A few months ago when I was visiting a class I frequent, the instructor referred to one of his adult students as "Fat Man." A few of the other karateka chuckled, but since the student is a good friend, I know weight - and trying to lose some - are big issues for him. OUCH.
In another class, the sensei is big on telling all his students that gender doesn't matter on the mat and that there are only karate students in his class, not males and females - but when demonstrating self-defense techniques, he is quick to jump on the "women are delicate creatures" bandwagon by insisting the females do techniques that involve raking or poking the eyes with our long, "fresh-from-the salon" fingernails (yep - he actually said that) that none of us have (because as martial artist, we can't make a proper fist with them) while having the males work on punches to the face. The reason, he says, is that most women don't want to hurt their hands by punching with their fists. Sexist OUCH.
Although he is now a third kyu, one of the kyus that came over from my old school to the new one still has a bit of difficulty with his some of his rolls, falls and kick placement because his first instructor (who was also my first instructor) didn't place much emphasis on those basics. Today in class, an instructor addressed the group after the kyu demonstrated a front roll to emphasize the importance of having a solid foundation of basics. "The color of your belt is only to show the number of years you've been training, really," he said." It doesn't necessarily tell you how SKILLED a person is." Unintentional OUCH.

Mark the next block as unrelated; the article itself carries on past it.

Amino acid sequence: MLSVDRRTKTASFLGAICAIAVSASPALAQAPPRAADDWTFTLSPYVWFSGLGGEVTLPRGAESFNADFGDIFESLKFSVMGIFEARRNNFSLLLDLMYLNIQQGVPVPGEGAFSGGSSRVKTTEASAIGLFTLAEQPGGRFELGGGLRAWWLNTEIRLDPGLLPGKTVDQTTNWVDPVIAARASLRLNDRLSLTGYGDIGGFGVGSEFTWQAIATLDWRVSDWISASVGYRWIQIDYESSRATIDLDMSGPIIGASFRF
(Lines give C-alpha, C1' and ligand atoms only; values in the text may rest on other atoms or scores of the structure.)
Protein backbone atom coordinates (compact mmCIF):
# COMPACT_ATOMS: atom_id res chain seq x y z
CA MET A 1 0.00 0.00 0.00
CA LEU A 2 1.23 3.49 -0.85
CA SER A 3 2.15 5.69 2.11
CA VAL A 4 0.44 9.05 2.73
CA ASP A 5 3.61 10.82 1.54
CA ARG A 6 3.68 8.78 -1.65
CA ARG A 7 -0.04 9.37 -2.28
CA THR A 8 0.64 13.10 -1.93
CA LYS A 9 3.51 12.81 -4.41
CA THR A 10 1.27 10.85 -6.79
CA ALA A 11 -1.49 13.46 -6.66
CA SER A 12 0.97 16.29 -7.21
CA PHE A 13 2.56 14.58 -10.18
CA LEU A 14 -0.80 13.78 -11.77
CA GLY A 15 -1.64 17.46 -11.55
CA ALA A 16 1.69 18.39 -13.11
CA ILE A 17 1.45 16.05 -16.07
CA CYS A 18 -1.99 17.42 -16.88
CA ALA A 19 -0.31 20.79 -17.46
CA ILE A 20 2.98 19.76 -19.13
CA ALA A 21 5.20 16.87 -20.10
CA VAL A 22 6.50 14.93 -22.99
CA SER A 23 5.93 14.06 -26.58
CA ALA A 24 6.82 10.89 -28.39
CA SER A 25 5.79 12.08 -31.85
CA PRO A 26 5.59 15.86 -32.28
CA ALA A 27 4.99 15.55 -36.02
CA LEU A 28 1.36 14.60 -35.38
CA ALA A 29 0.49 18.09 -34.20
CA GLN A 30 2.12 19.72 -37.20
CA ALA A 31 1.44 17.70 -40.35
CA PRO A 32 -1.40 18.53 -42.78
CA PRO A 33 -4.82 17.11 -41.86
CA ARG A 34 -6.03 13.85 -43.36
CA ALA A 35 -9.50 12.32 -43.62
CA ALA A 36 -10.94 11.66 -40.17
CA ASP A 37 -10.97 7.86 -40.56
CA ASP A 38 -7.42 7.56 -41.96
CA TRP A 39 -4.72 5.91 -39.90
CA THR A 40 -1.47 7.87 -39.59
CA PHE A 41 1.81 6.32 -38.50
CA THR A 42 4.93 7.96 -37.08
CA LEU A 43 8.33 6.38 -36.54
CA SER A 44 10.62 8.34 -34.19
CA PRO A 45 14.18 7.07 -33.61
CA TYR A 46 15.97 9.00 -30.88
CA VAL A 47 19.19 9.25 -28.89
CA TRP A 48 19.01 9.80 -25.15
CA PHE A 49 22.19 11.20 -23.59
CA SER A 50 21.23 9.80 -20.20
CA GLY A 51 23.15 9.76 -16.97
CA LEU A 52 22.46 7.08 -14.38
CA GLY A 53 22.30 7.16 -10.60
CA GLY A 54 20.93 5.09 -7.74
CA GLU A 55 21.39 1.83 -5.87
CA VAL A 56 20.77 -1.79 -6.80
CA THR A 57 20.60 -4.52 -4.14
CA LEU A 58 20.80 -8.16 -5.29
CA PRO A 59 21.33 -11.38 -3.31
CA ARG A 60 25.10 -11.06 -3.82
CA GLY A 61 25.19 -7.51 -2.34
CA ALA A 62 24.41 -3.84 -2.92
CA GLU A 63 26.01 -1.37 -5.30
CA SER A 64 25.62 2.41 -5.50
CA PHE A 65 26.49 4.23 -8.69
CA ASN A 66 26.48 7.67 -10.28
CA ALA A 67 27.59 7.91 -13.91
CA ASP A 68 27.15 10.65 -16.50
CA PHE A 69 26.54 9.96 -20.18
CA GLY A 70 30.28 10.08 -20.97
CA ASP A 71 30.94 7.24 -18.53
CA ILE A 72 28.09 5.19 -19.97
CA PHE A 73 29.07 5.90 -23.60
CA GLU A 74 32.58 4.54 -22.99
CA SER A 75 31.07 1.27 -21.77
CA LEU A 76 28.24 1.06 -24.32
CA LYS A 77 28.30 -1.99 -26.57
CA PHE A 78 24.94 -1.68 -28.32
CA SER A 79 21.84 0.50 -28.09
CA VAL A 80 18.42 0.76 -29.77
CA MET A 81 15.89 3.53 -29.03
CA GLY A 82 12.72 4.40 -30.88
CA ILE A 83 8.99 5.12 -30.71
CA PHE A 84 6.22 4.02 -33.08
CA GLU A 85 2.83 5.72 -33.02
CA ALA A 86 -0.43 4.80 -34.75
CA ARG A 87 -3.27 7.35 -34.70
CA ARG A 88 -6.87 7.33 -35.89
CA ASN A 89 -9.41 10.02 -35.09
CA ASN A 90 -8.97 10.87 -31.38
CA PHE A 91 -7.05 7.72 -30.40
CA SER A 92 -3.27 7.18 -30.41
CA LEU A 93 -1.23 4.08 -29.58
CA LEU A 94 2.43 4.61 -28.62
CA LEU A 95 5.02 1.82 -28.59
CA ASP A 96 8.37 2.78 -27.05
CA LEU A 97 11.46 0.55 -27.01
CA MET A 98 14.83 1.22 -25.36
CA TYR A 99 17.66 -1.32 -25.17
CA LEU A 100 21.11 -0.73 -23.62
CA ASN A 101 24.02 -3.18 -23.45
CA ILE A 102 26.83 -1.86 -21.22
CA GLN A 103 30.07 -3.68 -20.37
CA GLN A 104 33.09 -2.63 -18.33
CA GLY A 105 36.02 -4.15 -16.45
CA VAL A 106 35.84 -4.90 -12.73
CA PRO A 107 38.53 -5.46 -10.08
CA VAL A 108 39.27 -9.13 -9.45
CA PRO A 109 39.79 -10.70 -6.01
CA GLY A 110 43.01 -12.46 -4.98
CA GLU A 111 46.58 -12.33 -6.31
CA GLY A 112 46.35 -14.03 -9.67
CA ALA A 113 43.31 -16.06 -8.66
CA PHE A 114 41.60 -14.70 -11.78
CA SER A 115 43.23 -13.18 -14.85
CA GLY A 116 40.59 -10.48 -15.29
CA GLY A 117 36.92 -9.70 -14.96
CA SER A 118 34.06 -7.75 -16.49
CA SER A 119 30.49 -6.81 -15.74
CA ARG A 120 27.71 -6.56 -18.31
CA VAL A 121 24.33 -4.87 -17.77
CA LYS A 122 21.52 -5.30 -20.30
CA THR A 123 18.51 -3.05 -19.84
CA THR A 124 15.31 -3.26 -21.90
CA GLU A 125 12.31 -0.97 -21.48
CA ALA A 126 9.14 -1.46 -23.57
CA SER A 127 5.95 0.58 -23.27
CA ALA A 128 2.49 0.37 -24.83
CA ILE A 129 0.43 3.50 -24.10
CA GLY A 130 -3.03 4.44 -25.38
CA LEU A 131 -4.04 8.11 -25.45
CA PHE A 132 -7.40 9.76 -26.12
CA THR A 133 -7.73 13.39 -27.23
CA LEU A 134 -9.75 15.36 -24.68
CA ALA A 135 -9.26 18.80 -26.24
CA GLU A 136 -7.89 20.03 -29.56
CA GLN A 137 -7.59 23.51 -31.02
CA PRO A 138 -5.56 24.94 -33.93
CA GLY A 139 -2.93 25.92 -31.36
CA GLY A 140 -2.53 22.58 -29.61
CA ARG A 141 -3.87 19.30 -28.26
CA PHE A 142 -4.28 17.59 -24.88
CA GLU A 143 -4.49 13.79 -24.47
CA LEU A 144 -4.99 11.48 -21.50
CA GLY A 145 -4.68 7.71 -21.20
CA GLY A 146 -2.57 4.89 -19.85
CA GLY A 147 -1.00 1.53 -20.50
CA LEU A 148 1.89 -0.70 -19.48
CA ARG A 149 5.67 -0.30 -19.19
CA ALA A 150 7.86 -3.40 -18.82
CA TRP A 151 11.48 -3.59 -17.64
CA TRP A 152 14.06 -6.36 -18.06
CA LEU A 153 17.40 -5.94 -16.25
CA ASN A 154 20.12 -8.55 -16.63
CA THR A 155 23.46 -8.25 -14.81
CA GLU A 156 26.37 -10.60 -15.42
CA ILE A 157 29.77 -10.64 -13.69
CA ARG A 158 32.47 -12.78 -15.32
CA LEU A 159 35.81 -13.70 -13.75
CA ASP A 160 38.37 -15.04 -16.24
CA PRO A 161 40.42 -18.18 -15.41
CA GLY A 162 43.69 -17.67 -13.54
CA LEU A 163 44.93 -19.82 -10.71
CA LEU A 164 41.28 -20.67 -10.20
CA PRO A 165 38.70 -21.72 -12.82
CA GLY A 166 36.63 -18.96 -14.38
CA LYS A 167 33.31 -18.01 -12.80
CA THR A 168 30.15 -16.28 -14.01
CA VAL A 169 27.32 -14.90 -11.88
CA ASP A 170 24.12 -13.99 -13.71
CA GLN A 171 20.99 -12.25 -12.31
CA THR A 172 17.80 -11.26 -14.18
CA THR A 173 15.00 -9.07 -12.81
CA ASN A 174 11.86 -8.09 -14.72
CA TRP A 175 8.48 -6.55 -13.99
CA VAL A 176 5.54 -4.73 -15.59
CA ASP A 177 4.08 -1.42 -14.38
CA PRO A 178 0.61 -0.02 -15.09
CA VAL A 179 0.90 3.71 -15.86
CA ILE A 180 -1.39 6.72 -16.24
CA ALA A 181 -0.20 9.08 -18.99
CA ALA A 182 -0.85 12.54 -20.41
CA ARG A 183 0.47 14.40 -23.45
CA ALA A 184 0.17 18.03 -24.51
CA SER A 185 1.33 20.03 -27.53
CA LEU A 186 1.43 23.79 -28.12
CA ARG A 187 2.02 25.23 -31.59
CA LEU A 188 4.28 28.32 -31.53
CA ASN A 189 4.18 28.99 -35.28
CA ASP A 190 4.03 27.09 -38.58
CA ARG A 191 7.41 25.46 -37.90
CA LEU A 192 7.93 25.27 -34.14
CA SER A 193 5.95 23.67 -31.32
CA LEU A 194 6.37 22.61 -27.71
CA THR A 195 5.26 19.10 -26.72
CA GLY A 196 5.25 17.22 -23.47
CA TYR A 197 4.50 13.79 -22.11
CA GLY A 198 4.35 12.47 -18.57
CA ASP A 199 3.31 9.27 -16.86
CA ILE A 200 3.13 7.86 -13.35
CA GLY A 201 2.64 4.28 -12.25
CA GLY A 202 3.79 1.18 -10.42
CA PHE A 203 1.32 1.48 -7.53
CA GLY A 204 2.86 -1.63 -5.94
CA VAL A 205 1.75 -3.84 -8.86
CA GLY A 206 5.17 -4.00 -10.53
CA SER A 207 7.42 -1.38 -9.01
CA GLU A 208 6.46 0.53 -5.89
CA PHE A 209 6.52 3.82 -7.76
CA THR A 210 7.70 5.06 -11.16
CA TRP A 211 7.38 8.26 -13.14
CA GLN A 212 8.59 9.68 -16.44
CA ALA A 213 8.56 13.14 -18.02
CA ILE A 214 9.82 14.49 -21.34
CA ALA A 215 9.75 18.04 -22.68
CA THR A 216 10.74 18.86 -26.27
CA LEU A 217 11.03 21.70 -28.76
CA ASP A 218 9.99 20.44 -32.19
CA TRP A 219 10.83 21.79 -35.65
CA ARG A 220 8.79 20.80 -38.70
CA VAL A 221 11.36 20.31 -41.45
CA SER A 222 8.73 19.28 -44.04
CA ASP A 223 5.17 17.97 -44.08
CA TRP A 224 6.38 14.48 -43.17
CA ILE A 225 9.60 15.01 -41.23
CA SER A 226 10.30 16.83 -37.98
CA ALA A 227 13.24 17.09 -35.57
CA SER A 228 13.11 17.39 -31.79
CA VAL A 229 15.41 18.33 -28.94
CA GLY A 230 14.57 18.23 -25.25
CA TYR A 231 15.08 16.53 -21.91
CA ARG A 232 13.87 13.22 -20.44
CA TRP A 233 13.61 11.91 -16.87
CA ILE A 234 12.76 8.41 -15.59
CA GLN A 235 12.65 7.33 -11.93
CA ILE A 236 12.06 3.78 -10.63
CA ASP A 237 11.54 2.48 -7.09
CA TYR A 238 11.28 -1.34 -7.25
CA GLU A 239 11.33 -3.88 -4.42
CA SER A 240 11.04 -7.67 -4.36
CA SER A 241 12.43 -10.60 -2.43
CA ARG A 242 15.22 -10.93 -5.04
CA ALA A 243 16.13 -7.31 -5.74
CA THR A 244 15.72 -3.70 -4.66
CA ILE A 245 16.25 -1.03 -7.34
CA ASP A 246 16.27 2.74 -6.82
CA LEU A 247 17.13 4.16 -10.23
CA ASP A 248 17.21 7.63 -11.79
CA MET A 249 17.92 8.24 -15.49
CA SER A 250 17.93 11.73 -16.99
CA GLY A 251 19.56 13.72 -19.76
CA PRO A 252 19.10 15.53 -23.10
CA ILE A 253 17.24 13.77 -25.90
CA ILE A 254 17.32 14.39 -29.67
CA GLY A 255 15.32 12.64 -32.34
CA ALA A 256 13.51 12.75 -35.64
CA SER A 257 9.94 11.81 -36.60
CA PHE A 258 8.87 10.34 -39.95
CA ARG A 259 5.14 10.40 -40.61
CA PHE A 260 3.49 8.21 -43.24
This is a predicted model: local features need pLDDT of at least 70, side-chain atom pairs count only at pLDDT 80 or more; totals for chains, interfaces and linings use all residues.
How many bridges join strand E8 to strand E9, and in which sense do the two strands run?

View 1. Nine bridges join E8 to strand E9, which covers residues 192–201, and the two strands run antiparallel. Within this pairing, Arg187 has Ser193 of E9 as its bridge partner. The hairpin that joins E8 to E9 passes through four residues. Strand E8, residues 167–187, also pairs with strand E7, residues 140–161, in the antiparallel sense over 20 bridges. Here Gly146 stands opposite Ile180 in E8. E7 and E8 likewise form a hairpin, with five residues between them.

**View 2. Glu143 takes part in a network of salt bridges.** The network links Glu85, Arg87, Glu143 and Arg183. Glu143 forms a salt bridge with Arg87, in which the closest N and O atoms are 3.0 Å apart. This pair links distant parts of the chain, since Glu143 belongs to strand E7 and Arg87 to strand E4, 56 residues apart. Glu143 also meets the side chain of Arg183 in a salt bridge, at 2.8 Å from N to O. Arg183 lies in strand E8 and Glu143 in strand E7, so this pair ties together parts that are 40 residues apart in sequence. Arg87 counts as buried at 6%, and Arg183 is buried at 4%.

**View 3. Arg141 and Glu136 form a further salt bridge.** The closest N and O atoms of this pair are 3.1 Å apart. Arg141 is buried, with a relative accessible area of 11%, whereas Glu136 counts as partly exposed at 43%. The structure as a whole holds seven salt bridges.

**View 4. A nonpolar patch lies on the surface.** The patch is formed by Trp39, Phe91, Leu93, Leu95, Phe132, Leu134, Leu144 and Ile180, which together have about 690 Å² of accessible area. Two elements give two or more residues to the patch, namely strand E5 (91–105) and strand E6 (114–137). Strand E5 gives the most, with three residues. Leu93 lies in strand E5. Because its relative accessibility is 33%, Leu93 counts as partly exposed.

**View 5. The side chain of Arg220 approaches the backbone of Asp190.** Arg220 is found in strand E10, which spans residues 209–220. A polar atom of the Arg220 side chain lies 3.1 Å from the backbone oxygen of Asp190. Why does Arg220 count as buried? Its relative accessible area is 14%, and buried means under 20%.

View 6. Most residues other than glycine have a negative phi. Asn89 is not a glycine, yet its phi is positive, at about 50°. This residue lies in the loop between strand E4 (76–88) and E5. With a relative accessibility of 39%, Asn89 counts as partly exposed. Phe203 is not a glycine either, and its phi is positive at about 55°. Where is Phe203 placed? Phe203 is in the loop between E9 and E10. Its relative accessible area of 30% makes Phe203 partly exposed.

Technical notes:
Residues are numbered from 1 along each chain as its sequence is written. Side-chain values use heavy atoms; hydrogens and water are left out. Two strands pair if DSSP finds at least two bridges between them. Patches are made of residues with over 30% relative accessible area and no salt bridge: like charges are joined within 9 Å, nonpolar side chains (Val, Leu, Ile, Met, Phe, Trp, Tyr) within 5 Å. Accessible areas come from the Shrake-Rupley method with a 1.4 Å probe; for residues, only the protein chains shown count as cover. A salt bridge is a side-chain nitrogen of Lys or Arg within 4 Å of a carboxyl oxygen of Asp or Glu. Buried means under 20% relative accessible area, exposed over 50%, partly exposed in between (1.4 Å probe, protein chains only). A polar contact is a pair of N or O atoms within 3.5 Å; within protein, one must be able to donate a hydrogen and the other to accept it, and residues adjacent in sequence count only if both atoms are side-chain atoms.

Another sensei I've trained with is big on pointing out the errors in technique, which is a good thing. But although I know it's designed to make us all better martial artists, I gotta tell you that it's diffucult to hear "NOPE!" or "That's totally wrong" or "You're doing that like a white belt" over and over without feeling like you can't do anything right. Gut-wrenching OUCH.
I've seen the look on the faces of students when they've been put on blast in class and it is hard to watch. But what's even harder to watch is when the person dishing out the harsh words doesn't realize the effect what they've said has had. To them I say this: you may think it's helping build character/toughening your students up, but in reality, what you're doing is the verbal equivalent of bullying. That might be the way you learned, but perhaps the same is not the best way to train others.
In other words, whether you are a student, student teacher, sempai or head instructor, be careful with how you address folks on the mat. Maybe this anonymous quote sums it up best: "Keep your words sweet. You may have to eat them later."